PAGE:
GTM is an acroymn you may have seen if you've been reading about managing or marketing a website. GTM stands for Google Tag Manager and is Google's offering to help website users and marketers manage site tags without necessarily needing to get a developer involved. You can think of it as a bridge between marketers and developers.
Developers include the GTM code on websites and marketers then manage Google and all other third-party tags through the Google Tag Manager interface. Website owners tend to benefit from this structure as whenever the next Facebook Pixel comes on the scene, they can very likely get on board without needing to interrupt (or poke) their developer.
GTM allows for the creation of workspaces and environments that ensure that relevant tags can be created and managed by different teams in an organization and for the appropriate environments. Of course if you run a small business or a solo shop and are not looking for every bell and whistle you can use GTM for old favorites you would expect such as Analyitics.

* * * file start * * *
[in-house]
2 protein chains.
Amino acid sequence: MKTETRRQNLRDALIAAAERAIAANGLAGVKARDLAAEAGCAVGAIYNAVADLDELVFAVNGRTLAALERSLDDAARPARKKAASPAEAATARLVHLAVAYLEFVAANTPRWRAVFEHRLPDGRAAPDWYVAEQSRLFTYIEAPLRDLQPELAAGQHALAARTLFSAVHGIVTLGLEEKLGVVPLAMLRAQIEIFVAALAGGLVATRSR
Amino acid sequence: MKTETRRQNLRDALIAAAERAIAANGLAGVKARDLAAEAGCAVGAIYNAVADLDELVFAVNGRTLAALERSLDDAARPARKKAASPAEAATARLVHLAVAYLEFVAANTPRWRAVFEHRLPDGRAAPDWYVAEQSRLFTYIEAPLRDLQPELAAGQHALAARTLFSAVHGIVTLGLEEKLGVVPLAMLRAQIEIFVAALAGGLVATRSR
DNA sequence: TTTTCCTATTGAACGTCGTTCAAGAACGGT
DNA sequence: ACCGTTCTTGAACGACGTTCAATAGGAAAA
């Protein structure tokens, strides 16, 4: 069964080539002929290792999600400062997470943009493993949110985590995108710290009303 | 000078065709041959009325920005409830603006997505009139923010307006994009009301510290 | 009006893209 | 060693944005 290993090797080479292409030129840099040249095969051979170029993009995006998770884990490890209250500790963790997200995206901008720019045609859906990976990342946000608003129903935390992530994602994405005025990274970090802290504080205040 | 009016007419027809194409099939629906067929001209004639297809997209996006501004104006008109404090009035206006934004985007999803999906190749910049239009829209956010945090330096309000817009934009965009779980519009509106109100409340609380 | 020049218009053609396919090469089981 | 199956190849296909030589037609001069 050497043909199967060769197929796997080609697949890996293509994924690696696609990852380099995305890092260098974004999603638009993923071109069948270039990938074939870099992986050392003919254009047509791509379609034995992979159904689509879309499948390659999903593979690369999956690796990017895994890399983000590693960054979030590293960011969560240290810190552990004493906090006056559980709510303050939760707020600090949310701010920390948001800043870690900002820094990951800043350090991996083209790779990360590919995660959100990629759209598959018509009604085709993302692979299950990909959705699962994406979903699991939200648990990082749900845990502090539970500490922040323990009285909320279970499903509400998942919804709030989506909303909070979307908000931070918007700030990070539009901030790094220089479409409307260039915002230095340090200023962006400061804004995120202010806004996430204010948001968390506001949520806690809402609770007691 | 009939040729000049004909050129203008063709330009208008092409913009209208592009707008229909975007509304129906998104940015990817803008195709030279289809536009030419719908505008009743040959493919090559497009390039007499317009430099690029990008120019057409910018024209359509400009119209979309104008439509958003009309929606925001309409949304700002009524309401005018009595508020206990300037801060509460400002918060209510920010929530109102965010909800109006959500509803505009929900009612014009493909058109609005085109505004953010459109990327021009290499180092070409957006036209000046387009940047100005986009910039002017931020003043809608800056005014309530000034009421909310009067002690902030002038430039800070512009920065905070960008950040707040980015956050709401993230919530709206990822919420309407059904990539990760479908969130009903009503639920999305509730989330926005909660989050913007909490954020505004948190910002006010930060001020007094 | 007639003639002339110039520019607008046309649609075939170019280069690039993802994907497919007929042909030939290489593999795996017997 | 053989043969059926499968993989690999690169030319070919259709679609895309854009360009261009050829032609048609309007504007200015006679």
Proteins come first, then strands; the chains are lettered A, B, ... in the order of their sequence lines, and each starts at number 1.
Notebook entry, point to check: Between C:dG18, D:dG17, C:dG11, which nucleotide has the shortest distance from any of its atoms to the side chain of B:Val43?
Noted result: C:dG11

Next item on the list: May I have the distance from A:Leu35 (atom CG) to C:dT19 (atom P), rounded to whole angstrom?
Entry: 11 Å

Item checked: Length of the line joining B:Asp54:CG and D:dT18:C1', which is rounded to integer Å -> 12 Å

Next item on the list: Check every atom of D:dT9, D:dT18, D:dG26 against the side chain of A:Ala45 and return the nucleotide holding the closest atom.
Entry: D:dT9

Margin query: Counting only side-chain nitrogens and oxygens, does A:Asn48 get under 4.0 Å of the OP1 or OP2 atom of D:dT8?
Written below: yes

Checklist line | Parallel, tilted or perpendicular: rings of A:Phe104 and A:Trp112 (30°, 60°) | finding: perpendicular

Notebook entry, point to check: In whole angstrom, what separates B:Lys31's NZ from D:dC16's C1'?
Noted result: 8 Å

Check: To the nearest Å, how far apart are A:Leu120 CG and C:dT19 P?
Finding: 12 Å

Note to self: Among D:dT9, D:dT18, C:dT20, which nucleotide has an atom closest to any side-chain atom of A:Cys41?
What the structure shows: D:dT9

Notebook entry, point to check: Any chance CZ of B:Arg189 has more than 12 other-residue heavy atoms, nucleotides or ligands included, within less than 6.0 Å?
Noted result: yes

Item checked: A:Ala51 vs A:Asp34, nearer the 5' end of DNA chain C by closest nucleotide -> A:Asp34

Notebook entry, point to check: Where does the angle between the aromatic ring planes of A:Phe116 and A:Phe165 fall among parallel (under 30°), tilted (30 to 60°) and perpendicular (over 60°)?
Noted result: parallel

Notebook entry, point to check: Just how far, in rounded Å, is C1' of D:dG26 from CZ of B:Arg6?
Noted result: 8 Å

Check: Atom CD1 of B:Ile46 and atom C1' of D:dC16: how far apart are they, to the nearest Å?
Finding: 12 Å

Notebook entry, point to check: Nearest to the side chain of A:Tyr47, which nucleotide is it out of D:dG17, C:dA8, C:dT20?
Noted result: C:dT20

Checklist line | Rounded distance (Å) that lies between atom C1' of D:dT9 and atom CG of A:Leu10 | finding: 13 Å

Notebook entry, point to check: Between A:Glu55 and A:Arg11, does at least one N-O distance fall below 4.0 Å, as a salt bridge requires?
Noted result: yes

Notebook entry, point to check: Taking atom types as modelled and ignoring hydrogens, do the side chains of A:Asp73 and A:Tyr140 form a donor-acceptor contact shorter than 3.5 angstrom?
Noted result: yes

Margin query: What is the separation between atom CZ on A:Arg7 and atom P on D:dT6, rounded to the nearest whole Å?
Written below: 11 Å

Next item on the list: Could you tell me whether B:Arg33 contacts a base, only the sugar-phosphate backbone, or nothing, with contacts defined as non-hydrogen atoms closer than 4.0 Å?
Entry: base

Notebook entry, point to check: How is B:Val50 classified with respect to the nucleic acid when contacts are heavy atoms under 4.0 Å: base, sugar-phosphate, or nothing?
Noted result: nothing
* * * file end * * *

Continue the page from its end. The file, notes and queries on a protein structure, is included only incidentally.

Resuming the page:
Variables inside of triggers are used to identify when any one tag or other should be fired off. Variables within tags are used to capture dynamic values about the page. The GTM Overview video below does a good job of describing the basics.
The top level of the GTM Account is your Google account. Once logged in under your account you will have multiple accounts - one for each client or customner. Each Account may have multiple containers whcih contain tags, triggers and variables. Generally speaking the containers each represent a website or (one could be development, another testing, and a third container for your live environment).
If you are not currently using GTM the overhead might not be worth the switch, but if you find yourself constantly tweaking your on-site tags for marketing purposes, Google Tag Manager is a great resource.